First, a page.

I have the following query (slightly amended for clarity):
CREATE PROCEDURE Kctc.CaseTasks_GetCaseTasks @CaseNumber int ... other parameters ,@ChangedBefore datetime ,@ChangedAfter datetime AS SELECT Kctc.CaseTasks.CaseTaskId ...blah blah blah FROM Kctc.CaseTasks ... some joins here WHERE ... some normal where clauses AND ( (@ChangedAfter IS NULL AND @ChangedBefore IS NULL) OR EXISTS (SELECT * FROM Kctc.FieldChanges WHERE Kctc.FieldChanges.RecordId = Kctc.CaseTasks.CaseTaskId AND Kctc.FieldChanges.TableName = 'CaseTasks' AND Kctc.FieldChanges.DateOfChange BETWEEN ISNULL(@ChangedAfter, '2000/01/01') AND ISNULL(@ChangedBefore, '2050/01/01')) )
This query times out whenever the user specifies values for
@ChangedAfter, therefore invoking the subquery.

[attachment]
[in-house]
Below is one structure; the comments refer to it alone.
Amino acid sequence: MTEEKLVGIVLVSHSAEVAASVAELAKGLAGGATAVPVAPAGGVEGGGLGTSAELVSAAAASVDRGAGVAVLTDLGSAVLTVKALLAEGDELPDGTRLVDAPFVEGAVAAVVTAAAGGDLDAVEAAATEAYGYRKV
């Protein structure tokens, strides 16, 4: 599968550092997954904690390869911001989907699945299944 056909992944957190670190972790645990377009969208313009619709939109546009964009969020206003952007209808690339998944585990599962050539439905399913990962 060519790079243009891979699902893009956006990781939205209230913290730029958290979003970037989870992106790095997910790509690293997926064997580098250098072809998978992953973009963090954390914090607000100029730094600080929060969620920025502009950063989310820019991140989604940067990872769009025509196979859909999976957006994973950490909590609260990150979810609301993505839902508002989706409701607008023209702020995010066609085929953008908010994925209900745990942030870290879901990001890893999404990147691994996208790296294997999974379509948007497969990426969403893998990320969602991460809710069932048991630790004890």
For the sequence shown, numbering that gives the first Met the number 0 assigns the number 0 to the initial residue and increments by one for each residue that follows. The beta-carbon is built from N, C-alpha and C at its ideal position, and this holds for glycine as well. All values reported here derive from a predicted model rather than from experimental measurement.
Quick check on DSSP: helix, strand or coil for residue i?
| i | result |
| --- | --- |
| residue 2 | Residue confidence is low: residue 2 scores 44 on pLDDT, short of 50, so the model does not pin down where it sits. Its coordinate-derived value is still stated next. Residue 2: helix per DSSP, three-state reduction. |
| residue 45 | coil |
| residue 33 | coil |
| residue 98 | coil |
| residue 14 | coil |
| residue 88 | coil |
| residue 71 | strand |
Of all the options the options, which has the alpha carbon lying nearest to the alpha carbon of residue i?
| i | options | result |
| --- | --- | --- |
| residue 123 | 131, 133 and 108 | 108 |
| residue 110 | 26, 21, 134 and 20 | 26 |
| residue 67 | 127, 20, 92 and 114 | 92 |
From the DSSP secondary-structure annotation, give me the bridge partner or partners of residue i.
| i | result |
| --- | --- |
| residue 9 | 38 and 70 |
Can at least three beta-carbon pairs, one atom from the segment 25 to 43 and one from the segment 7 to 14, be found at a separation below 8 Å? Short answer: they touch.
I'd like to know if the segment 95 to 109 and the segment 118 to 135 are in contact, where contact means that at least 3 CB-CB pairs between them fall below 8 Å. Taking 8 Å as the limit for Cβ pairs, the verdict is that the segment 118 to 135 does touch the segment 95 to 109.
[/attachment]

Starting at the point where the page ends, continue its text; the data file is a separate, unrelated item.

The subquery checks for the existence of a record in the table called
FieldChanges (which effectively records changes to every field in the
FieldChanges isn't very efficient because it involves filtering on the text field
TableName which isn't indexed. And I know that subqueries are inherently inefficient.
So my question in general is, is there a way to redesign the query so that it performs better?
I can't think of a way to express the subquery as a join while still returning just one
CaseTask row when there are multiple associated
FieldChanges (i.e. preserving the EXISTS semantic). I haven't yet indexed the
TableName field of the
FieldChanges table because I'm hesitant about indexing text fields.
So what should I do?